Gospel and Harpsichord Grooves
Exuberance and energy were the order of the night when the 20-year-old three-time Grammy-winning Soweto Gospel Choir sang at a concert at UCSB’s Campbell Hall, part of the popular Arts & Lectures program.
The singers, long associated with late South African president Nelson Mandela and Archbishop Desmond Tutu, impressed with a variety of South African gospel, spirituals, reggae, and American popular music from the likes of Aretha Franklin, Billie Holiday, Otis Redding, James Brown, and Curtis Mayfield.
The group, named after the southwest township outside of Johannesburg, also performed at London’s historic Westminster Abbey in 2014 at Mandela’s memorial service attended by Prince Harry and Tutu, and the FIFA World Cup soccer final in Cape Town in 2010.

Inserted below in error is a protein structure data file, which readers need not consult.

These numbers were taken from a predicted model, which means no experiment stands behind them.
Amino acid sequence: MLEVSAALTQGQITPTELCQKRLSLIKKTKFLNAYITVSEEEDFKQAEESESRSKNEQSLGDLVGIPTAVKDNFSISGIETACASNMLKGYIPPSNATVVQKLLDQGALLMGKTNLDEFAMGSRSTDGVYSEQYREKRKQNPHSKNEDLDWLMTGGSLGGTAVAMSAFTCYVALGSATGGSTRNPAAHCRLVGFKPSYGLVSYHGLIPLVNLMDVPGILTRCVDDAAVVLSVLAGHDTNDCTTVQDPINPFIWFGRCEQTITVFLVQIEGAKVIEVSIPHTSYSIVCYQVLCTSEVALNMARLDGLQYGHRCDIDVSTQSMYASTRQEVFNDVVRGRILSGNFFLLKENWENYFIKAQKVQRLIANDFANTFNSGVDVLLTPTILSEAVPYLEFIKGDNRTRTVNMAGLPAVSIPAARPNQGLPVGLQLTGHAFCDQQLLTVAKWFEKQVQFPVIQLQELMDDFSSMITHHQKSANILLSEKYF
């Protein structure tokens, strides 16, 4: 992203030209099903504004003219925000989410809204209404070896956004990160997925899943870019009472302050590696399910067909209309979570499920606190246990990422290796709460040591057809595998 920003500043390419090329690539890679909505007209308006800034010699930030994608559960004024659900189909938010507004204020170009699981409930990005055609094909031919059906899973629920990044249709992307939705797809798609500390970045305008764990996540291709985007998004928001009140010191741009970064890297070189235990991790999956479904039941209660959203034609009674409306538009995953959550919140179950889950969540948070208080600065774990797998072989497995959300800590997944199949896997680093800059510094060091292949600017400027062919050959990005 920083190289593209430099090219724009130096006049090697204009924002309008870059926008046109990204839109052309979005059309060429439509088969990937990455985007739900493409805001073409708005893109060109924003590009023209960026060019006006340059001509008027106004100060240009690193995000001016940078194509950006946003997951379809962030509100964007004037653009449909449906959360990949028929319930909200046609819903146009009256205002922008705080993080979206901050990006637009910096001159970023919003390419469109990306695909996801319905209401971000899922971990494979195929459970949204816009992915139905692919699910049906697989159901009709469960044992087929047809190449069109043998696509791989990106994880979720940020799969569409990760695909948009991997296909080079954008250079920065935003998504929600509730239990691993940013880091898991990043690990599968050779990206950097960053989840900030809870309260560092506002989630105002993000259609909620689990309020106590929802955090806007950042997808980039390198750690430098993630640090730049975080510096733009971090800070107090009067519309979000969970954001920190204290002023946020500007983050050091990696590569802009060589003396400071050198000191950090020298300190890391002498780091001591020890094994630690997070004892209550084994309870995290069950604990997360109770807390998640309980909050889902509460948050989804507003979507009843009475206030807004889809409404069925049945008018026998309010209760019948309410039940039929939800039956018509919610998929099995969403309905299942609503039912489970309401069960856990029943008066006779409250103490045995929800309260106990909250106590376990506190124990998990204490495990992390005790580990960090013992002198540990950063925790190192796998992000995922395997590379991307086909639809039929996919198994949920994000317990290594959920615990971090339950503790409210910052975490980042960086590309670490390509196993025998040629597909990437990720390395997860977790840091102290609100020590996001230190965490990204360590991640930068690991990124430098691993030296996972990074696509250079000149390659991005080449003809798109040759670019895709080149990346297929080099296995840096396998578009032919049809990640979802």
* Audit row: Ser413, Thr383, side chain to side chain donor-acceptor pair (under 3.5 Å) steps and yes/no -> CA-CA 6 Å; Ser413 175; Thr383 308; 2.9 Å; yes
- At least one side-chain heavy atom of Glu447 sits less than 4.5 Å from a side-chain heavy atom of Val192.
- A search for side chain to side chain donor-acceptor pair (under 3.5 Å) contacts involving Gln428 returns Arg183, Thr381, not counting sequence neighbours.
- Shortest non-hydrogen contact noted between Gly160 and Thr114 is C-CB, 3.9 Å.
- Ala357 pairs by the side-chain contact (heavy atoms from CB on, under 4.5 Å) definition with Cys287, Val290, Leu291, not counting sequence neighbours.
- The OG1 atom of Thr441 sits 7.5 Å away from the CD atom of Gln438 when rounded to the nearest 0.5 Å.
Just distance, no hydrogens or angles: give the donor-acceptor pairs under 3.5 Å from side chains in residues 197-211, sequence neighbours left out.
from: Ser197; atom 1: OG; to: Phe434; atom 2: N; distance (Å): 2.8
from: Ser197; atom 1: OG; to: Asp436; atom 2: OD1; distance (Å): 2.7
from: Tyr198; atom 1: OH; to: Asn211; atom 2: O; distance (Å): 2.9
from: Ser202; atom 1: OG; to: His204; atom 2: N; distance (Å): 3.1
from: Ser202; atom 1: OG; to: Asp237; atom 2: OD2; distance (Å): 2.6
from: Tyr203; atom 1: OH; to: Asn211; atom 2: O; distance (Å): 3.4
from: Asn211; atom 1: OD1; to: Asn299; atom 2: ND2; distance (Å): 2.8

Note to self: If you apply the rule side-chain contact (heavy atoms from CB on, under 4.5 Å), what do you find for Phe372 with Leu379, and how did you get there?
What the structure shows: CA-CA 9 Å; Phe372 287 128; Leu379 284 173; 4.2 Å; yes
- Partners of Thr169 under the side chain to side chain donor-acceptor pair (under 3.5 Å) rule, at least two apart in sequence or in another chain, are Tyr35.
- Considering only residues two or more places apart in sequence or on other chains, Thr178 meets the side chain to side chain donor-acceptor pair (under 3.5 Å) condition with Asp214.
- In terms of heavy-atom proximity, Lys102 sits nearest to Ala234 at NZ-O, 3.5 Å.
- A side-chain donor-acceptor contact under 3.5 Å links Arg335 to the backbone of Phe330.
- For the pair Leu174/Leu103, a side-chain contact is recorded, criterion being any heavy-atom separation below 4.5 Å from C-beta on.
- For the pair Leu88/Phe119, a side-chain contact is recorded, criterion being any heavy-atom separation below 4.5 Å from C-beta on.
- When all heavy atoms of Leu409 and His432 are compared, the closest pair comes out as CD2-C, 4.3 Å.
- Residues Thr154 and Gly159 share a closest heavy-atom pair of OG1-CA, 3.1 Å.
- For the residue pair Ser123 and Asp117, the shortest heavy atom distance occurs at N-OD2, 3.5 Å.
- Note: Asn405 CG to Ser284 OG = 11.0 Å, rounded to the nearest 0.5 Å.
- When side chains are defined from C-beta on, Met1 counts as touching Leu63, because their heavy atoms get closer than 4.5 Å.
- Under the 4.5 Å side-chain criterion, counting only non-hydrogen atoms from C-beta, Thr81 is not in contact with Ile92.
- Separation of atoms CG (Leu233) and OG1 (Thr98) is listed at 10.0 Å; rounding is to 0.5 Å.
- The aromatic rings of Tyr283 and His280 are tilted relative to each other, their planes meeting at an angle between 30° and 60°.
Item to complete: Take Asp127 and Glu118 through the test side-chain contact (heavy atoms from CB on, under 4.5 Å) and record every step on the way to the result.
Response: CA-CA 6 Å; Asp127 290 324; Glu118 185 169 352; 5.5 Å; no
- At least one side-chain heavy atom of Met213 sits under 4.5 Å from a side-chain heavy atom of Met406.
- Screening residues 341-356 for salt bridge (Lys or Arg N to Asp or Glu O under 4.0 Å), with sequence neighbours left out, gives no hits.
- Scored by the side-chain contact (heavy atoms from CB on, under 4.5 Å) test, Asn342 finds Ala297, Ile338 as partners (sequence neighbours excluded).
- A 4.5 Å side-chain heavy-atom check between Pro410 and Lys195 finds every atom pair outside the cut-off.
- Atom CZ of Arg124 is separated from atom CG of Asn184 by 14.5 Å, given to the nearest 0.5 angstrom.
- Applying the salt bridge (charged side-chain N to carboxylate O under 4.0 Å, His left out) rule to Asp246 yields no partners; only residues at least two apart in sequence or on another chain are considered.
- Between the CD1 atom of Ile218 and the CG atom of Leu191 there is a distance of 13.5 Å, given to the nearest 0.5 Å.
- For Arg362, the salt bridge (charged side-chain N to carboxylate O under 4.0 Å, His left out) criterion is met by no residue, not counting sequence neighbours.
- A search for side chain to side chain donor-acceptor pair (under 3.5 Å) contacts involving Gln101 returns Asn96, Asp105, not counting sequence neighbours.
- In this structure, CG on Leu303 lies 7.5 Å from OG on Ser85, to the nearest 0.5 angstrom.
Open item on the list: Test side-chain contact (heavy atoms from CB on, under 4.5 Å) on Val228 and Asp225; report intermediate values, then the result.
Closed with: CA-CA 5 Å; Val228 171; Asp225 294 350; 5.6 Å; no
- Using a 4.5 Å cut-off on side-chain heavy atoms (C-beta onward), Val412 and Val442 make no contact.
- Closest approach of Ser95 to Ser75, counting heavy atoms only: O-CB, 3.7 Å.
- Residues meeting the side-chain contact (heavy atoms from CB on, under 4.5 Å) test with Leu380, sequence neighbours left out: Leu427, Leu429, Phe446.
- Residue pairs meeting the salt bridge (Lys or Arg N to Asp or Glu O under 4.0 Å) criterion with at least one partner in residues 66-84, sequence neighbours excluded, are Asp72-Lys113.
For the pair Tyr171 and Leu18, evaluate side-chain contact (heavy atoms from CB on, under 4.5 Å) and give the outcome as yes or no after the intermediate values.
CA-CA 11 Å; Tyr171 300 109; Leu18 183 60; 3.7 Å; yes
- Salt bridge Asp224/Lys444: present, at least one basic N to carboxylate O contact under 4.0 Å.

A world-class group of 20 talented singers known for their ensemble flair and indomitable spirit.
Forty-eight hours later I was at the Music Academy’s Hahn Hall for an Arts & Lectures harpsichord concert by 31-year-old Frenchman Jean Rondeau, who played the full program of Bach’s Goldberg Variations.
It was 100 luminous minutes of musical genius by Rondeau, who studied in Paris and London, and started playing the harpsichord when just six years of age. He also plays with a Baroque quartet, Nevermind.
In a word: Sublime.